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Yet there is no end of very high-profile figures wanting to be on his one-hour show — especially intellectual figures who have achieved some public prominence. Bernard Henri Levy and Tariq Ramadan have been among his guests or victims. The combat, in short sharp sound-bites, still allows more thought to be portrayed than any other programme. When Mehdi flags, he turns to three panellists who, in turn, ask questions of the guest.

Mehdi might have moments when he can thus pause, but his guest cannot. I was instead somewhat furious. Insofar as a public intellectual is possible in China, it is the sort sanctioned by the Party. He acts as a scholarly apologist for the Party and its government. Zhang is very good at this, and has built a considerable international following — as someone who has something new to say about China. I think it is disingenuous apologia, cloaked in the misuse of scholarship, and is designed to seem like new insights that, in reality, defend a very old authoritarianism.

I was also angry because the programme was to be recorded shortly after the 25th anniversary of the Tiananmen Square massacre of — and the scars of that still linger deeply enough for the Chinese authorities to have gone to extreme lengths to prevent the commemoration of its anniversary.

Sun Yat Sen, when he campaigned for a republic at the turn of the twentieth century, said he did so because of a non-reactionary Confucianism — when loyalty and fealty not only went up the chain, but care and protection had to come down. In , the Chinese government certainly came down against greater democracy — and it is important to point out that this was a Gorbachev-style series of reforms that the students wanted, statues of liberty notwithstanding, so the demands were radical at the time but not revolutionary — but it also came down against its own civilizational impulses and bearings.

Jacques went on to marry a Chinese woman, and his hugely influential book, When China Rules the World , was a sympathetic portrait of Chinese dynamism and implicit aspirations. It also perceptively heralded, if not a new global order, finally competitive globalisations. Zhang Weiwei was to take this term and run with it. My other co-panellist was Diana Wei Liang. She had been at Tiananmen Square, crawling over tanks and shoving leaflets into their turrets — and had escaped to take an American MBA and PhD and become a professor at university business schools in both the US and UK, before making her name as a novelist — her detective fiction set in the twisting lanes of an old China that has now been largely obliterated by relentless modern urbanisation.

China Wave, The: Rise Of A Civilizational State - Weiwei Zhang - Bok () | Bokus

Along the way, she stopped speaking Chinese. Of the three of us, it seemed it was she of whom Zhang Weiwei was most cautious. It is a hermetically-sealed virtuous or vexatious circle. It works off an old Chinese sense of exceptionalism — but this has gotten China into huge historical tracts of trouble, from the Mongols, to the Western imperial states, to the Japanese military machine of World War II. Being Chinese is no safeguard against things non-Chinese and, even with competitive globalisations, there are still very many competitive things that are non-Chinese.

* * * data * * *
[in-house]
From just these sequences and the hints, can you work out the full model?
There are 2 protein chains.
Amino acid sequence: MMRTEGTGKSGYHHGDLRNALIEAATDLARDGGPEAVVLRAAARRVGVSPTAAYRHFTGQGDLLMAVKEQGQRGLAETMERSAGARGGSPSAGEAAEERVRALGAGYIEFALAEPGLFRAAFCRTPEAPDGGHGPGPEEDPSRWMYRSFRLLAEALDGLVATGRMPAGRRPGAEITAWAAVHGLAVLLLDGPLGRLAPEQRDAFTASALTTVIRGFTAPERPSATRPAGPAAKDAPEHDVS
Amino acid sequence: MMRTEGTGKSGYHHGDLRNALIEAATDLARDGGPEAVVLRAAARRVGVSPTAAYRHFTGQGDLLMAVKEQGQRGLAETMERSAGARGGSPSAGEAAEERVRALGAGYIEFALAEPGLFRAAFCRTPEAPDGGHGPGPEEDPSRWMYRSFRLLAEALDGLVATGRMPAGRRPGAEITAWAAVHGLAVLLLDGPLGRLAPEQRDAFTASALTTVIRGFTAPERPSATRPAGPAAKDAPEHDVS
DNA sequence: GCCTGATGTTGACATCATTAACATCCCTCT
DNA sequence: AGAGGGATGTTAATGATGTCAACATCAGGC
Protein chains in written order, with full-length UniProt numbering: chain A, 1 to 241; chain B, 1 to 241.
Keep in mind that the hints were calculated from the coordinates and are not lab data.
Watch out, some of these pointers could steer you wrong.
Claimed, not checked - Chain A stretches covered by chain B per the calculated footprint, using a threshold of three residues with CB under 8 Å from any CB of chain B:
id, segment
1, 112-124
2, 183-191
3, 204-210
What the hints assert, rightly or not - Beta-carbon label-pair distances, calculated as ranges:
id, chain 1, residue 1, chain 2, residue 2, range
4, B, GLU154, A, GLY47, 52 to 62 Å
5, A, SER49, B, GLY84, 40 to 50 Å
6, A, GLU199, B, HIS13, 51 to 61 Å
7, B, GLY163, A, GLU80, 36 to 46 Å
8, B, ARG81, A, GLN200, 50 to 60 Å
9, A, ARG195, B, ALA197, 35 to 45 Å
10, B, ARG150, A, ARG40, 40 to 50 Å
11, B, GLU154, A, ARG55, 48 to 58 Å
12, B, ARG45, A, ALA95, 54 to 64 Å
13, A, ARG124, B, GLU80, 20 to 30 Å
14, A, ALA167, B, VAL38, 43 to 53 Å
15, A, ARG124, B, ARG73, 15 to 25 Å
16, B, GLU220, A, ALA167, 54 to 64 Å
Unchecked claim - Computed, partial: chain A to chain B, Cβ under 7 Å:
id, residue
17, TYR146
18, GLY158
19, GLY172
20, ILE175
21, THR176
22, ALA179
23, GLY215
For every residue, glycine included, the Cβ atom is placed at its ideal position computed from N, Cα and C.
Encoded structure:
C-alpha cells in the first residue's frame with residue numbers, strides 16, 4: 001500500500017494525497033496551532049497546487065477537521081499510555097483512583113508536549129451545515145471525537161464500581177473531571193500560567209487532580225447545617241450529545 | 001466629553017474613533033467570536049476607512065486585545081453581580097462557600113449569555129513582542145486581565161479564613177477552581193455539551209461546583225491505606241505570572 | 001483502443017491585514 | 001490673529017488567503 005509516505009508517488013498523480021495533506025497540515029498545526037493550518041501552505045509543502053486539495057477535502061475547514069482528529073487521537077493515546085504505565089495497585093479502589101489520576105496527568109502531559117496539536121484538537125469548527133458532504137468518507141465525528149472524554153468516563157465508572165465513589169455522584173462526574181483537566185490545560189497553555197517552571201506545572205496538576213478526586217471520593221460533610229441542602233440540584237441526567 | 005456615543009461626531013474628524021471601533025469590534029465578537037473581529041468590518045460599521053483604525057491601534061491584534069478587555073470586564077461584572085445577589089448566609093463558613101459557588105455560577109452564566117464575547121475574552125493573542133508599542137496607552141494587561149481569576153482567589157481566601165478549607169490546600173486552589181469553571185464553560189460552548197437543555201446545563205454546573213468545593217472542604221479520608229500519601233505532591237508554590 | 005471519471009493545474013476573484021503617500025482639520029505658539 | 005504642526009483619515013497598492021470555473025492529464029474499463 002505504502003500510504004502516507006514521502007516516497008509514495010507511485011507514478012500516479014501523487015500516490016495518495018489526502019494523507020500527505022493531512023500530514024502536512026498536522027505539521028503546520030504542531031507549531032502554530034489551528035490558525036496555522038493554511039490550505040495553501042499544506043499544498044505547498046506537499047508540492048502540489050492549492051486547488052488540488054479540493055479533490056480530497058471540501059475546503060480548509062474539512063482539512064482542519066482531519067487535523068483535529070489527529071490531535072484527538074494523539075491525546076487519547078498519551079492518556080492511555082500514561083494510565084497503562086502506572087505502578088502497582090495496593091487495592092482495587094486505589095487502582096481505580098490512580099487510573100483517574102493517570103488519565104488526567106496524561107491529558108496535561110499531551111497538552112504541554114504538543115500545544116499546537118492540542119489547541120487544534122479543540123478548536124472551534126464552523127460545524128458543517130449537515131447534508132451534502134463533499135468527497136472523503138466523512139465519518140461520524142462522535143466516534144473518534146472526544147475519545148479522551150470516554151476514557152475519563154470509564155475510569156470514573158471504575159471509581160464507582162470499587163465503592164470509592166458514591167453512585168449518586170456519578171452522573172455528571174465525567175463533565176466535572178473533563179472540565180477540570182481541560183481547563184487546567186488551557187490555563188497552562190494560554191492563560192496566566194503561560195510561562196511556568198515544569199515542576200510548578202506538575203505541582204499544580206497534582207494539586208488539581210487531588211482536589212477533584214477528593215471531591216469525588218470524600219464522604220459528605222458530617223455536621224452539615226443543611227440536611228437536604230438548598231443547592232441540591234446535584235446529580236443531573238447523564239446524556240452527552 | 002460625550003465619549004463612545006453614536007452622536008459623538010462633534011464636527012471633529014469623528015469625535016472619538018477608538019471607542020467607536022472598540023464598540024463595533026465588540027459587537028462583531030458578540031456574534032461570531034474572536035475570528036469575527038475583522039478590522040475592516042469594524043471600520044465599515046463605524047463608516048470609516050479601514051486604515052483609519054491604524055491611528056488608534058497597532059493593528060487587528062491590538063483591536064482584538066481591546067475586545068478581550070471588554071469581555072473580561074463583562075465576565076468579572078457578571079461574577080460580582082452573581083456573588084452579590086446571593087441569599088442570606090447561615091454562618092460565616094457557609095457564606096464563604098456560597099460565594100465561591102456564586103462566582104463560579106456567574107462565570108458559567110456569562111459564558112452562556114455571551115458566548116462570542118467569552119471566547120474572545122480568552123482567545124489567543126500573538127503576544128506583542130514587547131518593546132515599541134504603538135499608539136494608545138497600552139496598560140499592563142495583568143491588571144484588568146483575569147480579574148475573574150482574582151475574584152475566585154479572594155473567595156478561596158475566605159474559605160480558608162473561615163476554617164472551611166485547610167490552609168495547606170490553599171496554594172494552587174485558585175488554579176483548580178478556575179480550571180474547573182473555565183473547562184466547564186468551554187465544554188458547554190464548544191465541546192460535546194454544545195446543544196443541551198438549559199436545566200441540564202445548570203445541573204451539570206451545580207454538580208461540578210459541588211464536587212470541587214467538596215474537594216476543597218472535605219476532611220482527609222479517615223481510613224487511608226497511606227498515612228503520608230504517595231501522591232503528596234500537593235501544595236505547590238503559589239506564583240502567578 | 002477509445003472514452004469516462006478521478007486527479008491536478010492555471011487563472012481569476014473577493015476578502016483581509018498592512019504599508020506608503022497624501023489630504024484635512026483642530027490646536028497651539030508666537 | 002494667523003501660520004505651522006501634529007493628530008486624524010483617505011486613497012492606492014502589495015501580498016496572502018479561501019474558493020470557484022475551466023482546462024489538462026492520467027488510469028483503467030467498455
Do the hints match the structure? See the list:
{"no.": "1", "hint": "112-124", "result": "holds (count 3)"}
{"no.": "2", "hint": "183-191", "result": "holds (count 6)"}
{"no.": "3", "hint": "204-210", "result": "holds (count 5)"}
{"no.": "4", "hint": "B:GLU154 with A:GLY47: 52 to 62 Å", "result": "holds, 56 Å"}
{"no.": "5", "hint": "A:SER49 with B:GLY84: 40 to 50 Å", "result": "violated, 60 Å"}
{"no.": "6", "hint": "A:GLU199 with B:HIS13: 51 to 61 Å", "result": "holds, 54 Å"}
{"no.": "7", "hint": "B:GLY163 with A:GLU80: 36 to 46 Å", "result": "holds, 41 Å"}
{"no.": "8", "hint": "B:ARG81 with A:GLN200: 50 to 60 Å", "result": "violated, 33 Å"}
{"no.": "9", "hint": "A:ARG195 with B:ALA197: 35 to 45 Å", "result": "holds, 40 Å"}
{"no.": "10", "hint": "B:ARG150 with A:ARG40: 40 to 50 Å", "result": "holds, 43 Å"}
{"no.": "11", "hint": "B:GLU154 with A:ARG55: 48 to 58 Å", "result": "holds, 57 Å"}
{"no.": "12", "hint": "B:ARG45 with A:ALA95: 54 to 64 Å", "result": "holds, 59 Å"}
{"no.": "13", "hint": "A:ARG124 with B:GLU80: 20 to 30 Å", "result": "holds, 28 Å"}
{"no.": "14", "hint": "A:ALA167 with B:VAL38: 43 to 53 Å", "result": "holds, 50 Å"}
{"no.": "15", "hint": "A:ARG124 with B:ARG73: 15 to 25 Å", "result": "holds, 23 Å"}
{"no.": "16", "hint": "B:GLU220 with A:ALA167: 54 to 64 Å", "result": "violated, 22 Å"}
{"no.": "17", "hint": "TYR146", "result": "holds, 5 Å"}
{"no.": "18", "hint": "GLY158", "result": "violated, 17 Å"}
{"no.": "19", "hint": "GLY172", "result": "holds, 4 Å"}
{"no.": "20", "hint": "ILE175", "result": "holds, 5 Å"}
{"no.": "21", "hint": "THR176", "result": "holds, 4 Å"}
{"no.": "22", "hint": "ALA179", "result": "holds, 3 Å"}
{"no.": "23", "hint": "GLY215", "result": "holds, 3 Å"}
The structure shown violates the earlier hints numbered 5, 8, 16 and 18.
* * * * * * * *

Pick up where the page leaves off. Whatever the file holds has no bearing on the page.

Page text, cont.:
It starts acquiring the habits of a hermitage and the rules of a monastery. Letting in placatory materialism assumes that associated philosophical, ideological and sheer deconstructive impulses can be filtered out.

The three ‘genetic defects’ of the Western model

In this sense, the maintenance of the civilisational state becomes a grotesque naivety and its enforcement — which must veer here and there, defining exclusions and inclusions — a kind of postmodern Stalinism. This renders the controlling Party not only one with a measure of unpredictability, as it seeks to achieve some impossible consistency on what is allowed or not, but makes the Party determined to maintain its hegemonic position of final arbiter of the shape and, above all, content of society. Without intervening variables such as a genuine civil society, a free press, an independent judiciary, and free universities with freely-speaking students, the Party seeks to progress from hegemonic to monolithic.

This is where I found the purposeful disingenuousness of Zhang to be offensive.

The China Wave: Rise of A Civilizational State

His thesis is that each leader of China, and his senior cohorts, has emerged through a system of such selectivity, level by level, that he who emerges at the top has already shown his mettle by having administered and governed vast provinces and economies. No one can become Party chairman or state president without such a degree of experience and honing that the process can only be described as one of ensuring the highest merit.

Put more properly, however, and certainly not dismissing merit entirely, it is also an emergence, level by level, through a closed system of intrigue, faction-fighting and patronage, pacts to obtain protection and accord it, the building of alliances, and the securing of favours.

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The China Wave

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Synopsis About this title This is a best-seller in China and a geopolitical book for our times. From the Inside Flap : This text on quantum mechanics begins by covering all the main topics of an introduction to the subject. About the Author : Zhang Weiwei is a professor of international relations at Fudan University and a senior research fellow at the Chunqiu Institute, China. Buy New Learn more about this copy. Other Popular Editions of the Same Title. Search for all books with this author and title. Customers who bought this item also bought.